Orange is my favorite color

Amazon announced this morning that their Elastic Load Balancer service now supports sticky sessions. This is a key feature for many web application architectures that keeps one user connected to one server so session-specific information is maintained. ELB is advantageous to a DIY solution because it eliminates two instances (since you need redundancy just as with physical hardware) and it supports automatic scaling. You can specify a minimum of web or application instances but auto-scaling will dynamically spin up additional servers to meet demand and add them to your ELB pool. ELB also works across availability zone providing some insurance against a failure in a single geographic region.

Also announced this morning was Simple Notification Service, which looks like a messaging service that speaks http and email. I’ll be curious to see if/how they solve the email deliverability problem since their net block is pretty widely blacklisted due to the inherent sender reputation problems associated with having lots of unmonitored people sharing IP addresses. SNS offers a free tier for the first 100,000 notifications and 1000 emails sent each month. It’s not clear if this is a beta promotion or will extend to the service once fully launched.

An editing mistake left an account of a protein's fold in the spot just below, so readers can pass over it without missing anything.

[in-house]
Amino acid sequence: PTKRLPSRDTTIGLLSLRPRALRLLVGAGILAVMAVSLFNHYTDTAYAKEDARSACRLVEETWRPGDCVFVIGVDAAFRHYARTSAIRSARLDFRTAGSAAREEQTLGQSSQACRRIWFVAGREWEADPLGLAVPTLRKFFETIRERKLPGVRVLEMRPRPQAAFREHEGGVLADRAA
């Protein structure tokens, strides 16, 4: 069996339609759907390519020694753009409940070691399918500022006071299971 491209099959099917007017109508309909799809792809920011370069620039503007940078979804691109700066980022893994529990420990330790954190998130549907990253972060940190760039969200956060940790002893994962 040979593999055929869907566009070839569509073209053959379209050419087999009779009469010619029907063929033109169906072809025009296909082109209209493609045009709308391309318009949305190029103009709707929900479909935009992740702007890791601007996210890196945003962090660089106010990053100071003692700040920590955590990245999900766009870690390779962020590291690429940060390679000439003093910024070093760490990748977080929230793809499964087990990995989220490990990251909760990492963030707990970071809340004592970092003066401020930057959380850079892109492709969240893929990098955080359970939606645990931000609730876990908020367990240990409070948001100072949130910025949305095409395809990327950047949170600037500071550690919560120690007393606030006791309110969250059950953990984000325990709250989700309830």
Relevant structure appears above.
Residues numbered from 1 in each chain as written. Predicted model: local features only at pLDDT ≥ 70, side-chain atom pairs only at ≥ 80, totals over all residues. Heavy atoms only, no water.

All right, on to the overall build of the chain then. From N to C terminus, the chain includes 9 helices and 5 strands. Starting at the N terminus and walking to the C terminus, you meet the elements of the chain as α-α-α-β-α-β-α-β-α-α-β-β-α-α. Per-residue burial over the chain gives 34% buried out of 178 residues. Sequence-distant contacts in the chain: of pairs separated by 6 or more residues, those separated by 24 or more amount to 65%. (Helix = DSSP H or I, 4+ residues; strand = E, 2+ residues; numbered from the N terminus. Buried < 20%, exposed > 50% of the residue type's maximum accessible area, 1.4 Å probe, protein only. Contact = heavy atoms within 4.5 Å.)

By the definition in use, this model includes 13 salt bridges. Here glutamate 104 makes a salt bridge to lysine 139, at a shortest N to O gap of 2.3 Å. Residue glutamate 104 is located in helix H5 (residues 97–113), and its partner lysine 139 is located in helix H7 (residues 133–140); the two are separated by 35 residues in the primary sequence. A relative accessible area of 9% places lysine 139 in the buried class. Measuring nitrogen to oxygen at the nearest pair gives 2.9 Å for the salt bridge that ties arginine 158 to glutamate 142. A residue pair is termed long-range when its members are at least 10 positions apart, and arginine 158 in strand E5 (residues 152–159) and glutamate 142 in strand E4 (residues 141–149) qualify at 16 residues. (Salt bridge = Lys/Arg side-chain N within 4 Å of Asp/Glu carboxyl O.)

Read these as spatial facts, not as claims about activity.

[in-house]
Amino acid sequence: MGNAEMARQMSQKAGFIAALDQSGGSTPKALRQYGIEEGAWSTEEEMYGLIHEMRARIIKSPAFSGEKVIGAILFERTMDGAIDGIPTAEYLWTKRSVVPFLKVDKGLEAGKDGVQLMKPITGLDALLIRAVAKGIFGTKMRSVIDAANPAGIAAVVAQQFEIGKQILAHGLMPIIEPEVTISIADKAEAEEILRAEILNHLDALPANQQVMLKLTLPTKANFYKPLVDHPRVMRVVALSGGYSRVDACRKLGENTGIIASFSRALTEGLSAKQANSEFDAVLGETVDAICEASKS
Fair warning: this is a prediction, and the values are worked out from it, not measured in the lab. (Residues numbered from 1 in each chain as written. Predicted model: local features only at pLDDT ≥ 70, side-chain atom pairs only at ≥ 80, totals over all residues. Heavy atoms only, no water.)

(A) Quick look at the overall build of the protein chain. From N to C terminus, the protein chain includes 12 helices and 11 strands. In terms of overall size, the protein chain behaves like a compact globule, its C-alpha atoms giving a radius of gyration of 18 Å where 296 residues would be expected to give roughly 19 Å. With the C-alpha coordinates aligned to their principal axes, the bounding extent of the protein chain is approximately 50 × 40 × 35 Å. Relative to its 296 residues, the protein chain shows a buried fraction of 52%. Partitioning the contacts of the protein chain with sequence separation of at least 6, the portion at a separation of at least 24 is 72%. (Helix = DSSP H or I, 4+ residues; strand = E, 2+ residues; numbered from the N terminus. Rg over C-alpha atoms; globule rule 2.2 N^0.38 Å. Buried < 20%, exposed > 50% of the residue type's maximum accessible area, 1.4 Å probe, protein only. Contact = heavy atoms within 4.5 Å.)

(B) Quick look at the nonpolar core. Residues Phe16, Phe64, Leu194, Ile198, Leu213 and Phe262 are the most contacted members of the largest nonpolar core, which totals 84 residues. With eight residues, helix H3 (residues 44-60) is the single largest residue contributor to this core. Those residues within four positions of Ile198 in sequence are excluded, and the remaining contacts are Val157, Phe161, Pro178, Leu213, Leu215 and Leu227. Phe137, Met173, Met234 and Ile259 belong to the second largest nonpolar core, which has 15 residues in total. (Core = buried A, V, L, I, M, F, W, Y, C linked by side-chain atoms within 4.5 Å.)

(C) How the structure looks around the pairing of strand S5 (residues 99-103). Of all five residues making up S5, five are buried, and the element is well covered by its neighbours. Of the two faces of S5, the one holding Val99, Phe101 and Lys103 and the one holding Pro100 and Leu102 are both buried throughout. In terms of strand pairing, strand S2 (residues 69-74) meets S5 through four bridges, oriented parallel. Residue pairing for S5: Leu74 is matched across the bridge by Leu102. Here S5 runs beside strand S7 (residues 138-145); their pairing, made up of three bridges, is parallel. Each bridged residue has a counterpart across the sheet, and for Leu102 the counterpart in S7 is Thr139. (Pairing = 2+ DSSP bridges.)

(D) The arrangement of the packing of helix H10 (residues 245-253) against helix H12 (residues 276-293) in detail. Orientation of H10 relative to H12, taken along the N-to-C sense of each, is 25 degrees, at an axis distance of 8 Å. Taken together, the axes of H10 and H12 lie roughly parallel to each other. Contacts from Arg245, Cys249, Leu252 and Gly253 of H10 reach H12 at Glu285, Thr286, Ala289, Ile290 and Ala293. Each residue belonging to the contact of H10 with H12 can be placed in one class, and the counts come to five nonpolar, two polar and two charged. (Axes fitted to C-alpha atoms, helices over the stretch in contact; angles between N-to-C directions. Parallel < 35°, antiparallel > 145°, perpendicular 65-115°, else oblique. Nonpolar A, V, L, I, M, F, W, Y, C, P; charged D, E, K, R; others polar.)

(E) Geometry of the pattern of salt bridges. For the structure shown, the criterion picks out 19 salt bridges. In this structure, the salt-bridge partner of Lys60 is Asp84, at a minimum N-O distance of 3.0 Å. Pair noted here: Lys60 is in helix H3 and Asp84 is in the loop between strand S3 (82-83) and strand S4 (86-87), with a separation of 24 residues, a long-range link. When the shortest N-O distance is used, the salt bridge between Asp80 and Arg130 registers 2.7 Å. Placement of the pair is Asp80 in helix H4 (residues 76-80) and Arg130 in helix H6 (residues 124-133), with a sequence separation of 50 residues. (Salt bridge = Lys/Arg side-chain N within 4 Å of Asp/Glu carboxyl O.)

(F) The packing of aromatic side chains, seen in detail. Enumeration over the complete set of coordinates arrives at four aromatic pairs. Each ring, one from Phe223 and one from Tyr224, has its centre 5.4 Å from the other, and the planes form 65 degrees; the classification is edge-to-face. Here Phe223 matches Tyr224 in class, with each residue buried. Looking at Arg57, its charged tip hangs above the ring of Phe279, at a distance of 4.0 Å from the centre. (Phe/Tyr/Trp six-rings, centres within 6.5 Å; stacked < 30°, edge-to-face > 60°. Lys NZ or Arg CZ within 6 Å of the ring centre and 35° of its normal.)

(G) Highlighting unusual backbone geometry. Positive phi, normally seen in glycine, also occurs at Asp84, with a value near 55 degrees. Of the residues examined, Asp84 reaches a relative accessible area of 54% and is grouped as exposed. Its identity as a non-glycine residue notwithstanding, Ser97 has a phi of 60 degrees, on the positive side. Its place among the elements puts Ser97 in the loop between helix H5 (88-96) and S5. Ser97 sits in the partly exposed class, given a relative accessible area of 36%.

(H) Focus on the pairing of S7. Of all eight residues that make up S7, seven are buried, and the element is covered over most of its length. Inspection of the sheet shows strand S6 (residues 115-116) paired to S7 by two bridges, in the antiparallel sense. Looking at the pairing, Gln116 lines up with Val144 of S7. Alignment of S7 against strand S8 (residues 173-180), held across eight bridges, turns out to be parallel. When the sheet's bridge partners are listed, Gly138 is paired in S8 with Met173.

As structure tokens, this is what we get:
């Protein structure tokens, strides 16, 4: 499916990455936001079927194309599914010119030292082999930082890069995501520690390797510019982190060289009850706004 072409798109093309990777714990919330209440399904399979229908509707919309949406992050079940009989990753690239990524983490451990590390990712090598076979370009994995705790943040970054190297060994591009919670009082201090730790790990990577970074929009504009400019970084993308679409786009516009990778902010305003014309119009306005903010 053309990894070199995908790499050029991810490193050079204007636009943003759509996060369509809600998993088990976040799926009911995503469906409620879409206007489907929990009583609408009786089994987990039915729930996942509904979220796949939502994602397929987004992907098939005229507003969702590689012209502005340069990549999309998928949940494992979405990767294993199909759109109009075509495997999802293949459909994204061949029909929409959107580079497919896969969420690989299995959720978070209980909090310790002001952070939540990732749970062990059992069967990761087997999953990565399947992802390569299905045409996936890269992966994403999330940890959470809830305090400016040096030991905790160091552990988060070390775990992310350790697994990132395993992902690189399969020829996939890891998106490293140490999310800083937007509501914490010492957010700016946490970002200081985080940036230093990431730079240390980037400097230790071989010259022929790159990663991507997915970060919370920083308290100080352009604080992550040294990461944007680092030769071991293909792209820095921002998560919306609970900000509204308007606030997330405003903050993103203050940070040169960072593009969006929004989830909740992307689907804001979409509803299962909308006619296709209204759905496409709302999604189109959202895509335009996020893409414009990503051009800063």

This is good news for ColdFusion applications since CF sessions effectively require stickiness to be performant. This was one of the pieces in our evaluation that we weren’t thrilled about; load balancers are a very hardware-dependent service that use heartbeat pings to check which host should be the primary (and should own the MAC address for the primary IP address associated with the host name). While many people seem to run these instances with success, I would rather use dedicated hardware like ELB but lack of session stickiness was a deal breaker. That eliminates one significant objection/hassle in my book.

A lot of people have told me they are anti-cloud for performance reasons but if we can get the performance necessary at a similar price point today, the cloud will only get faster and cheaper (and more helpful…) over time and I think that’s a long-term win.

1 Comment

  1. Brad Wood said:

    on April 15, 2010 at 6:48 pm

    Hey, that’s really cool. My only question is what took them so long. Now if they would just allow SSL traffic to cloud front…

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